Build: .NET overview & roadmap

by DotNetNerd 15. May 2018 16:48

aspnetcore-logo-591x360Continuing through the most important talks at Build I have come to the .NET overview and roadmap talk with the two Scotts, Hanselman and Hunter. They had a good combination of things I heard was coming, but also completely new stuff. It was well known that they are working on SignalR for .NET core, and one of the first demoes was running a SignalR app via Azure, which was really cool, and makes using and scaling SignalR a lot easier.

One of my favorite demoes came next with a “browser” you can choose when running your WebAPI app, called Http. This opens a command line, where you can type ls to see the routes exposed by the app, and then simply write the routes out that you want to call. Very nice, and something that I am definitely missing today, where the experience doing this through a regular browser or using postman is less than optimal.

Moving on to .NET core 2.1 the Scotts showed a ClientFactory for unit tests, that makes it easy to run your application, and test routes. This has existed forever with NancyFx, so I am really glad to see Microsoft bringing a similar experience to ASP.NET. Now all I am missing is property based testing and UI testing tooling, which are both still pretty bad for .NET sadly.

Looking further ahead to .NET Core, they revealed that Winforms and WPF will be supported on .NET Core. A feature that was demoed along side that is the ability to bundle .NET Core apps, into a single, small, pre-compiled exe. This is another huge deal. Making small tools and distributing them is weirdly complicated today, so getting back to a place where you can give someone an exe is awesome.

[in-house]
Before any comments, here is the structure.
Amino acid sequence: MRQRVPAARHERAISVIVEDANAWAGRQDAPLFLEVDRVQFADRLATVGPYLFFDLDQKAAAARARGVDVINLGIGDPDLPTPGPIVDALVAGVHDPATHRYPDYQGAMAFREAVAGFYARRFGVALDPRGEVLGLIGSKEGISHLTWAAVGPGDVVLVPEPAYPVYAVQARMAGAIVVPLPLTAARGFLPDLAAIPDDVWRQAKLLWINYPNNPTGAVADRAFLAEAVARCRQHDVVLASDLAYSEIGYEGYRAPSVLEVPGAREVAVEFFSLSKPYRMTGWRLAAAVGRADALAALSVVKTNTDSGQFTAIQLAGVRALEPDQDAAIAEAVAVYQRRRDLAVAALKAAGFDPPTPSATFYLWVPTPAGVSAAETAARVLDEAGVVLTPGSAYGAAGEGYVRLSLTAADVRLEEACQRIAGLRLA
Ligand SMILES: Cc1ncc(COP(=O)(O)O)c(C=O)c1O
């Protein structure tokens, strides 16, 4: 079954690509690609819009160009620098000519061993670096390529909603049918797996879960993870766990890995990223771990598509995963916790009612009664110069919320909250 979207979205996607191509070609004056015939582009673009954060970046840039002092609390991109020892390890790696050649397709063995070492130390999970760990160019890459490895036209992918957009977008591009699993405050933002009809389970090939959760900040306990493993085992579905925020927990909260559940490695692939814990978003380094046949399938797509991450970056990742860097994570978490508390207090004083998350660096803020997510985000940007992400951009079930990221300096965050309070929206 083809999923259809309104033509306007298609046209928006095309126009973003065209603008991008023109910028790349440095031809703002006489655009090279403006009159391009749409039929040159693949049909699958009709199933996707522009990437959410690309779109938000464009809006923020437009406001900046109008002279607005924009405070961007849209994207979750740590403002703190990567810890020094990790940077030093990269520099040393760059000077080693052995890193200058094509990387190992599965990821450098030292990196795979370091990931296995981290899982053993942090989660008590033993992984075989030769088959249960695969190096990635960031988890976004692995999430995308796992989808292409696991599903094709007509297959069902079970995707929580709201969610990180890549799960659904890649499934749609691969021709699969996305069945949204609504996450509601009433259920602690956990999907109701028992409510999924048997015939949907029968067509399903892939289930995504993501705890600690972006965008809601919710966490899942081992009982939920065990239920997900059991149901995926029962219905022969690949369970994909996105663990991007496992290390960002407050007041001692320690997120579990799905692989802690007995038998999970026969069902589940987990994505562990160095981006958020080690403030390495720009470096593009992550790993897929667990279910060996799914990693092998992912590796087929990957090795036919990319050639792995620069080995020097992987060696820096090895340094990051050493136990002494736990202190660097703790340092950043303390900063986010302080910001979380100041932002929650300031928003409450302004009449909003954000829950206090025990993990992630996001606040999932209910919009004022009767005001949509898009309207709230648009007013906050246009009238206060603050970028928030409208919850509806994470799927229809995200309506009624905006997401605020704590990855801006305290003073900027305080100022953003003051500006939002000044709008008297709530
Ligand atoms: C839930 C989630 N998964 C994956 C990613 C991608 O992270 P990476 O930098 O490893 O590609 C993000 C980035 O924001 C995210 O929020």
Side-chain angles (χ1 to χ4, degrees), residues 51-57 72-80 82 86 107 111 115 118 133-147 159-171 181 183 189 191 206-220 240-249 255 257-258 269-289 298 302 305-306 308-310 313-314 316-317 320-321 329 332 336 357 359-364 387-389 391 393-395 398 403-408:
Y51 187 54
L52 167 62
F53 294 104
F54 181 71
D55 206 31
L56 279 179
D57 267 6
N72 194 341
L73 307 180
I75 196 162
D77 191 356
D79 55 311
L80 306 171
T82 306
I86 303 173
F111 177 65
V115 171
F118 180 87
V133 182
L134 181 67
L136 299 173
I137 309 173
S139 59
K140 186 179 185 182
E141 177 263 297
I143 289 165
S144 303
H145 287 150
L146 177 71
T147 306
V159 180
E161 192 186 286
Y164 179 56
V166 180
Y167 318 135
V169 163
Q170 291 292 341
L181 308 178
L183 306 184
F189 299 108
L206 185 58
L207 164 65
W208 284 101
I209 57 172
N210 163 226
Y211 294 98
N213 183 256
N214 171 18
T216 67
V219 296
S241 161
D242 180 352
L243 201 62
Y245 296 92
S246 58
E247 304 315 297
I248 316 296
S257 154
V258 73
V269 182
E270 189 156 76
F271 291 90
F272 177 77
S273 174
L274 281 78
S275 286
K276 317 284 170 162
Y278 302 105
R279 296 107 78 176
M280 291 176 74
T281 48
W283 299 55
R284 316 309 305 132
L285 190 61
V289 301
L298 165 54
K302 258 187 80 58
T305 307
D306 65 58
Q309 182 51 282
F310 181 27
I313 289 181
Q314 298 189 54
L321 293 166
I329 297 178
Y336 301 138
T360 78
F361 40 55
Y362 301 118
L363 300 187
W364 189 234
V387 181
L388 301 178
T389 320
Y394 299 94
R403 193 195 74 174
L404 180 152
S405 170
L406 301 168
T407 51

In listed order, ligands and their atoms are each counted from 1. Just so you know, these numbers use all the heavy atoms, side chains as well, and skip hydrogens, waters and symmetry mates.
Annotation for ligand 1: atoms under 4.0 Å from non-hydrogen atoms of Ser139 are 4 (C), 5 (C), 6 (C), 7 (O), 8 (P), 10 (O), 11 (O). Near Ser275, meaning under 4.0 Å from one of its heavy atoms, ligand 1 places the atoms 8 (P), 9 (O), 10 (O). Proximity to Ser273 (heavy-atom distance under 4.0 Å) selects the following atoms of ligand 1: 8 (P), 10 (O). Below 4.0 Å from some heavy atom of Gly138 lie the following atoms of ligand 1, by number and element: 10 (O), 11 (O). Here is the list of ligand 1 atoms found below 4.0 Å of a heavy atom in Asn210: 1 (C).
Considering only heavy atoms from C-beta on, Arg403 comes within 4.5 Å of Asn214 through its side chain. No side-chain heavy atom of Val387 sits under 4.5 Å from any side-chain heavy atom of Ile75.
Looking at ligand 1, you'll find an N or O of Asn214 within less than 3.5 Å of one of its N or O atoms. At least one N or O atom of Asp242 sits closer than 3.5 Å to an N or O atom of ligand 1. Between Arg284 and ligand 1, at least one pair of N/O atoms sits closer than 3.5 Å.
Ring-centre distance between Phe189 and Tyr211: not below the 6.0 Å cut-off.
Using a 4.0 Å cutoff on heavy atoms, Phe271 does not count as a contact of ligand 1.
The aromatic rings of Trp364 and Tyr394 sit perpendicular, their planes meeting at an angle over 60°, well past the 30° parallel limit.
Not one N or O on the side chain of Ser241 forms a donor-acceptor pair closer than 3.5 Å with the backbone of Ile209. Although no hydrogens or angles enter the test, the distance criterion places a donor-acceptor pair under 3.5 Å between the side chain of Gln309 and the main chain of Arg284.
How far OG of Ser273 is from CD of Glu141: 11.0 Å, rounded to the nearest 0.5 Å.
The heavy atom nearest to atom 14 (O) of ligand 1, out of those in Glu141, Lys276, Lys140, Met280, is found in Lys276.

Decompilation is also coming and was demoed where they F11 and move into code from a nuget package. This is another big boost for investigative work, so we can avoid separate tools where you don’t get the editor you are used to.

Codefixes across project or entire solution, based on rules set up in editor config was the next demo. An obvious missing feature, but also one of those that are kind of scary to see in real life and on real big code bases. All in all it is always nice to see the tooling improve, and especially the promise of having changes work in razor files and the like is something I think all working with these technologies have been missing.

.NET running in the browser in webassembly known as Blazor was the last demo. It is really interesting to see this work, but it is also one of those areas where my age comes into play, because I can't help but be skeptical that this will be adopted. That being said, it blows my mind that they are able to do this, and Scott is very honest about this being something they are playing with.

Who am I?

My name is Christian Holm Diget, and I work as an independent consultant, in Denmark, where I write code, give advice on architecture and help with training. On the side I get to do a bit of speaking and help with miscellaneous community events.

Some of my primary focus areas are code quality, programming languages and using new technologies to provide value.

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